• The 15-year relative survival rate is 91%

    Note: Relative survival rate means the percentage of patients who live amount of years after their initial diagnosis.

    Keep in mind, however, that because the compiled list figures are of cancers diagnosed up to 15 years ago, you may have an even greater chance of survival than these indicate due to advances in prostate cancer treatment technology

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    Table 1 Why A Low Psa Does Not Mean You Are Cancer

    Advanced Prostate Cancer Symptoms And Signs

    The Prostate Cancer Prevention Trial included a provision that men randomized to receive placebo undergo a prostate biopsy at the end of the study, even if they had normal PSA levels and digital rectal exams. To their surprise, investigators found that many of these men had prostate cancer in some cases, high-grade prostate cancer.

    PSA level 13 *Note: A PSA level over 4.0 ng/ml traditionally triggers a biopsy. Adapted with permission from I.M. Thompson, et al. Prevalence of Prostate Cancer Among Men with a Prostate-Specific Antigen Level 4.0 ng per Milliliter. New England Journal of Medicine, May 27, 2004, Table 2.

    This study inadvertently provided evidence not only that prostate cancer occurs more often than once believed, but also that PSA levels may not be a reliable indicator of which cancers are most aggressive. Both findings add weight to the growing consensus that many prostate tumors currently being detected may not need to have been diagnosed or treated in the first place.

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    Tests To Identify Prostate Cancer Stage

    After a prostate cancer diagnosis, your doctor will do tests to see how far the cancer has spread. Not all men need every test. It depends on the results of your biopsy, a test that checks tissue from your prostate gland for cancer. Tests that help your doctor figure out the stage of your prostate cancer include:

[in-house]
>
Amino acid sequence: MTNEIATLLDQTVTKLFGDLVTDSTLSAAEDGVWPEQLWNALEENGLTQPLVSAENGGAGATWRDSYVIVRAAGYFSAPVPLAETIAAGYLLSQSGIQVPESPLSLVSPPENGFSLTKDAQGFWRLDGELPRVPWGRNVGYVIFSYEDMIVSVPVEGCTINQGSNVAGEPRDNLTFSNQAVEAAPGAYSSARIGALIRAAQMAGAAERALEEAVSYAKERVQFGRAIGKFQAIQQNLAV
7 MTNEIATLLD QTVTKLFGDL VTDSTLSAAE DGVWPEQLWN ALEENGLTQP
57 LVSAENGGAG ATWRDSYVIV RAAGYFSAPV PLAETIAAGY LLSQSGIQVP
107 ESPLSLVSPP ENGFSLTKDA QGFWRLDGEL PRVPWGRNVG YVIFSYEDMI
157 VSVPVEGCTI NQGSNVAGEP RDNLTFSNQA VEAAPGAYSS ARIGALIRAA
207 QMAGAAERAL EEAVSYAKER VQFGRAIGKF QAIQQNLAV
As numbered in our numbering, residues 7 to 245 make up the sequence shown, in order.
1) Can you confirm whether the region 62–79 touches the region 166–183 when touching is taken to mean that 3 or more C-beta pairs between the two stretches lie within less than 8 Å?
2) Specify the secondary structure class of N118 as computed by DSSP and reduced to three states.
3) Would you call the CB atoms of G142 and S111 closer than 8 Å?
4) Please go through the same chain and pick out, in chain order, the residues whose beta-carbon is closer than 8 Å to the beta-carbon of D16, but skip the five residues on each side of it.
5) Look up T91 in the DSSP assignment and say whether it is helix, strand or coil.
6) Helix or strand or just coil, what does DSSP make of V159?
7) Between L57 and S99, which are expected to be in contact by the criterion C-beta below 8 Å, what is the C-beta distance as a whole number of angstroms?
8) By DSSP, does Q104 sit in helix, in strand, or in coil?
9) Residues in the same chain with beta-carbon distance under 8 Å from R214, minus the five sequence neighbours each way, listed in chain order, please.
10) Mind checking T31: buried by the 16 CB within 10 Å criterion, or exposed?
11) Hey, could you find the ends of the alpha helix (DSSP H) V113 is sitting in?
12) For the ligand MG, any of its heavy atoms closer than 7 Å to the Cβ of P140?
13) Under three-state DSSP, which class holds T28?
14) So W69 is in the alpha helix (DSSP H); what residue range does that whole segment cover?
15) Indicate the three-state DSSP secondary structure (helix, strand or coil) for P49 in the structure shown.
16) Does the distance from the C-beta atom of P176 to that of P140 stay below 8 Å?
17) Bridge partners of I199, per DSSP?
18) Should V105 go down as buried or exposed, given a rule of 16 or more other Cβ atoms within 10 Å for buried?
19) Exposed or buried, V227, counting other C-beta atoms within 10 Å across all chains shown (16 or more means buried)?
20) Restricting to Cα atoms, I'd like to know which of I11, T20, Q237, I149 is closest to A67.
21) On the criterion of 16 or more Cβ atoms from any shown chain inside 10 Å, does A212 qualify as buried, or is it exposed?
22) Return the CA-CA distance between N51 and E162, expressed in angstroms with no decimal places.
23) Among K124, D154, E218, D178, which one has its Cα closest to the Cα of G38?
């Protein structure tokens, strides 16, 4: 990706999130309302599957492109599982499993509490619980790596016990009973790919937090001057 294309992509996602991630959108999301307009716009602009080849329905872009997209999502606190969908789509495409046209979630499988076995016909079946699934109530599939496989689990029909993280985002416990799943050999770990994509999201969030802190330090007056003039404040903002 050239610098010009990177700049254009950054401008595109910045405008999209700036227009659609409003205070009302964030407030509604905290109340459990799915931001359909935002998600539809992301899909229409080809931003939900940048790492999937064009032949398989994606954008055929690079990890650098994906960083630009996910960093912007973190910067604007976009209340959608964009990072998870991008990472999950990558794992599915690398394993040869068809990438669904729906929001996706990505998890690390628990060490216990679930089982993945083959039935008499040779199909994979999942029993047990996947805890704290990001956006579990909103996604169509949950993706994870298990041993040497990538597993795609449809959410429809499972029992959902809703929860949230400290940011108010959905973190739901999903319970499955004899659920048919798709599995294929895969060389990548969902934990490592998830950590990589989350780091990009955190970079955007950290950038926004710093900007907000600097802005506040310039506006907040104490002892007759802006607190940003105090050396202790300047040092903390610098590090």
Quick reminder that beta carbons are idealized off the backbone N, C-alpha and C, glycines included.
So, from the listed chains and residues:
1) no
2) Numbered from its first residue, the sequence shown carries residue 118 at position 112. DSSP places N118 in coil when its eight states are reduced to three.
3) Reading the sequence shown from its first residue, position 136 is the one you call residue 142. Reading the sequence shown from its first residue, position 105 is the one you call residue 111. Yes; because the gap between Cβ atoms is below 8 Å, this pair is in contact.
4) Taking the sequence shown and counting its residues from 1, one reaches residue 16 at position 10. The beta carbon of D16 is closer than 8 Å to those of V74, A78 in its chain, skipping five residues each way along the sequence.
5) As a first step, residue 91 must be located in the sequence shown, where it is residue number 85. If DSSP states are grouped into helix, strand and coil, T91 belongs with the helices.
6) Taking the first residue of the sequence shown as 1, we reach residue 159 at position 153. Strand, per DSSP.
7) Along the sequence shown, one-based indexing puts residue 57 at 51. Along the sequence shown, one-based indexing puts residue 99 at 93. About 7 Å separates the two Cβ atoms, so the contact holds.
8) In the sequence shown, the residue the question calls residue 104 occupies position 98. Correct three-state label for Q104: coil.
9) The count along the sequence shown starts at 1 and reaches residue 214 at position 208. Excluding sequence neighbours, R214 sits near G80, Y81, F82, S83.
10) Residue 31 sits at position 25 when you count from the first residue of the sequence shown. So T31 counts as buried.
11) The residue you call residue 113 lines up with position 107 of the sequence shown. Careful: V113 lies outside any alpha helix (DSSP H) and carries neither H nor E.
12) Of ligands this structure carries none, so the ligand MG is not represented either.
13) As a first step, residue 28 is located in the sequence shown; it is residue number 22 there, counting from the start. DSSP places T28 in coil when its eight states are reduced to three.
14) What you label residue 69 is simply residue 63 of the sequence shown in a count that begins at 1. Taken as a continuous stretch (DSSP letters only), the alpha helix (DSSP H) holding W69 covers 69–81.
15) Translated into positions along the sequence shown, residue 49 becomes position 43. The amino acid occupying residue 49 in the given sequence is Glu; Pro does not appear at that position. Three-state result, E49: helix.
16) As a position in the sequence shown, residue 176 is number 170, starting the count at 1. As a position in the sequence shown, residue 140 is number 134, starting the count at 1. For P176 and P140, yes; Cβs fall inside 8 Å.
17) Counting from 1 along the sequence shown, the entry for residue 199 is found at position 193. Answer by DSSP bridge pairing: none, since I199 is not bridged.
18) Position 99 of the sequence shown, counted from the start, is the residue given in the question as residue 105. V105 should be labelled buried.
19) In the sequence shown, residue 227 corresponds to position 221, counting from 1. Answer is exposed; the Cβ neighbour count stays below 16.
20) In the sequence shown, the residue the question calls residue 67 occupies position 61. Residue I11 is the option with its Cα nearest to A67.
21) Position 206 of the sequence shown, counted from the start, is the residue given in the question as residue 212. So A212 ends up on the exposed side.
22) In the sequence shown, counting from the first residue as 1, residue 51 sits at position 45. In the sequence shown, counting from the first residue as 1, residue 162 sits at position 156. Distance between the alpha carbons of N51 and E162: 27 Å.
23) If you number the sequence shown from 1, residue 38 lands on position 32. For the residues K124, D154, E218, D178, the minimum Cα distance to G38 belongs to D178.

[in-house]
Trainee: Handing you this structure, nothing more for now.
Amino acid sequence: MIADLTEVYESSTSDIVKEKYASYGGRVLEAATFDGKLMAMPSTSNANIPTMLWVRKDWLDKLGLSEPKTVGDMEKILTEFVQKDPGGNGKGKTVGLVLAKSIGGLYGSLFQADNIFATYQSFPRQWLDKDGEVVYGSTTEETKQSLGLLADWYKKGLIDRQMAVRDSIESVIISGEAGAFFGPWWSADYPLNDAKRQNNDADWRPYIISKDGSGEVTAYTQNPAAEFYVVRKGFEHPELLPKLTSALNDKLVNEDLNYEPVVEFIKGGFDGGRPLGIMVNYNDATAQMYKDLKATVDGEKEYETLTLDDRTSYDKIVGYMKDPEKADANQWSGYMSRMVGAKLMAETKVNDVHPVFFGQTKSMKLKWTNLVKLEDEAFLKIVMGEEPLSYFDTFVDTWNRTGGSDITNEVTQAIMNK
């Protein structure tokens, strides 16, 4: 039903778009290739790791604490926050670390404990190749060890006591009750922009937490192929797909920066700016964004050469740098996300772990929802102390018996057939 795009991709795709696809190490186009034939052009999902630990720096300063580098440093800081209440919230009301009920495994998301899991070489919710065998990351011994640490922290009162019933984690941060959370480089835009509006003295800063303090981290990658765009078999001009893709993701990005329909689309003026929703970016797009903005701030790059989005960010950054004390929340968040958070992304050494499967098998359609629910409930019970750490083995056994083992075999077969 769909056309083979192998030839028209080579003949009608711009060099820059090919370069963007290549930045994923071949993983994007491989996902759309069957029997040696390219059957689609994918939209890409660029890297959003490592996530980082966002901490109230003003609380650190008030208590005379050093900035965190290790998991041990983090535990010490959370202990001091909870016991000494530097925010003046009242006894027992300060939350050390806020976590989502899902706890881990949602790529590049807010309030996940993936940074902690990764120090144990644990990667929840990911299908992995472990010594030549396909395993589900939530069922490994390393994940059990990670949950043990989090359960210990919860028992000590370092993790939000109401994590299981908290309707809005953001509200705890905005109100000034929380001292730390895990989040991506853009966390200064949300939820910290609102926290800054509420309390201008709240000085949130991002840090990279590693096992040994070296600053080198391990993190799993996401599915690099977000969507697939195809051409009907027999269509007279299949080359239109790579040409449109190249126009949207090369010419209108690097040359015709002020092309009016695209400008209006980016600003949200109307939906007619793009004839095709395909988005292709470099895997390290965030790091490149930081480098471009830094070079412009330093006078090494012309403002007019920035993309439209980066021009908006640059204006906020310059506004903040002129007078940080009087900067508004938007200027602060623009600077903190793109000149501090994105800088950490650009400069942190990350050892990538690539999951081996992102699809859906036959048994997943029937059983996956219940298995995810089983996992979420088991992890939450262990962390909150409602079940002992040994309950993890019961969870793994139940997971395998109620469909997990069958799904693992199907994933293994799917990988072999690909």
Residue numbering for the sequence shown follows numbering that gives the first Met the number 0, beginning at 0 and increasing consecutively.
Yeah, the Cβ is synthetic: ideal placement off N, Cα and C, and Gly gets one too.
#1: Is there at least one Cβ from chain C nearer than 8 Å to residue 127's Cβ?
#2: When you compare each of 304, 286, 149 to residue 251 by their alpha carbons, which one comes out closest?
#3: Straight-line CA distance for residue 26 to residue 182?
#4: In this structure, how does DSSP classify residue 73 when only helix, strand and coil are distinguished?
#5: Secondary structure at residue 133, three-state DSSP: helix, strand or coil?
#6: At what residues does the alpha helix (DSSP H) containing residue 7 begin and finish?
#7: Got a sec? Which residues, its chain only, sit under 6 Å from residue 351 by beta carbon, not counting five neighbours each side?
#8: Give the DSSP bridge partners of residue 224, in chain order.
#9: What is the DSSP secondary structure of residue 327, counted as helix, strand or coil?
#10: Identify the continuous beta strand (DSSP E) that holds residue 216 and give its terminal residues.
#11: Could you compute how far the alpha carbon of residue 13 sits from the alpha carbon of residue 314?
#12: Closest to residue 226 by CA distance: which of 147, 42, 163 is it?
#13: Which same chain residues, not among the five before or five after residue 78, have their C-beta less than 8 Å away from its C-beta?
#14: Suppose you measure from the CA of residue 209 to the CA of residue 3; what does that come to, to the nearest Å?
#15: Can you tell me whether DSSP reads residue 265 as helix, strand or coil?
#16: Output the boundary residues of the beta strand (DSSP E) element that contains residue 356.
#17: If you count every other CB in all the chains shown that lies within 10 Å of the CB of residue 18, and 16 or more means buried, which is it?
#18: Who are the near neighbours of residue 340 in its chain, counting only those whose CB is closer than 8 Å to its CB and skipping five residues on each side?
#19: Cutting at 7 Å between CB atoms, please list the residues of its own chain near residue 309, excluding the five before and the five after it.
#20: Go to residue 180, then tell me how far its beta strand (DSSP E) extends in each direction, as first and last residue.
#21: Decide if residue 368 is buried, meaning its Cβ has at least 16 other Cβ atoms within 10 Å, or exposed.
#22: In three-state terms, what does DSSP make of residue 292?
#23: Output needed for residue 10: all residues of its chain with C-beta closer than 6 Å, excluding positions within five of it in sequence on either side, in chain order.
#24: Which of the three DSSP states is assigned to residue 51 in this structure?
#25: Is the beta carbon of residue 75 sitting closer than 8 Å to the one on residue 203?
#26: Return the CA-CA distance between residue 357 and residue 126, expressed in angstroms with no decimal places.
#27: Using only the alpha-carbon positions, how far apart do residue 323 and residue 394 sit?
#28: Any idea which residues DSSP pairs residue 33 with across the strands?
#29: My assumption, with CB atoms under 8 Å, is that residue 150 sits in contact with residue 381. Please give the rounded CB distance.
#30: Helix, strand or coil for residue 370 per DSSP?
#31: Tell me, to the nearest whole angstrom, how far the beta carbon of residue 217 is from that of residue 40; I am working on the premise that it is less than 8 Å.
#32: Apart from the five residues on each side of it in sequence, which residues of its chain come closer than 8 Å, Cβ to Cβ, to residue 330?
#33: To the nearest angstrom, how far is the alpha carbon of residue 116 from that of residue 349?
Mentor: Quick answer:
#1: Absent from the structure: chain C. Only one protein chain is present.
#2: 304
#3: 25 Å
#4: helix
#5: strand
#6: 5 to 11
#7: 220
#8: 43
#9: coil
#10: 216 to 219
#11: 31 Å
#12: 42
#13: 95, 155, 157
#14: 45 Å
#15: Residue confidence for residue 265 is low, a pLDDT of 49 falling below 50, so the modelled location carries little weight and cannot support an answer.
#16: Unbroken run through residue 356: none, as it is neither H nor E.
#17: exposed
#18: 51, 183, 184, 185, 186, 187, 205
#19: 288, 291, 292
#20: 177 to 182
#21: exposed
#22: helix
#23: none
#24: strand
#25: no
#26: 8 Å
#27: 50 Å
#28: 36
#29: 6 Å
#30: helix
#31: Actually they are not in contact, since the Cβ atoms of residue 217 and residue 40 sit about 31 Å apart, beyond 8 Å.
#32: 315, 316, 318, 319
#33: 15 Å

• CT scan of the abdomen and pelvis to see if the cancer has spread
    • Nuclear medicine bone scan to see if the cancer has spread to your bones
    • Surgery to check the lymph nodes in your pelvis for prostate cancer spread

    The Top 7 Signs Of Advanced Prostate Cancer

    In the early stages, you may not notice any symptoms related to prostate cancer. This is why screenings are important. Symptoms can sometimes be noticed for the first time when the cancer advances.

    Advanced prostate cancer, also called metastatic cancer, means the cancer has spread to other areas of your body beyond your prostate gland. The most common areas for prostate cancer to spread are your bladder, rectum, and bones. It can also spread to your lymph nodes, liver, lungs, and other body tissues.

    Whether youve just been diagnosed or youre in treatment, its also important to know the signs of advanced cancer. Cancer can behave differently depending on your genetics, so not every person will experience the same symptoms in the same way.

    Read on to learn more about the seven top symptoms of advanced prostate cancer and how to spot them.

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    After Prostate Cancer Has Been Diagnosed Tests Are Done To Find Out If Cancer Cells Have Spread Within The Prostate Or To Other Parts Of The Body

    The process used to find out if cancer has spread within theprostate or to other parts of the body is called staging. The information gathered from the staging process determines the stage of the disease. It is important to know the stage in order to plan treatment. The results of the tests used to diagnoseprostate cancer are often also used to stage the disease. In prostate cancer, staging tests may not be done unless the patient has symptoms or signs that the cancer has spread, such as bone pain, a high PSA level, or a high Gleason score.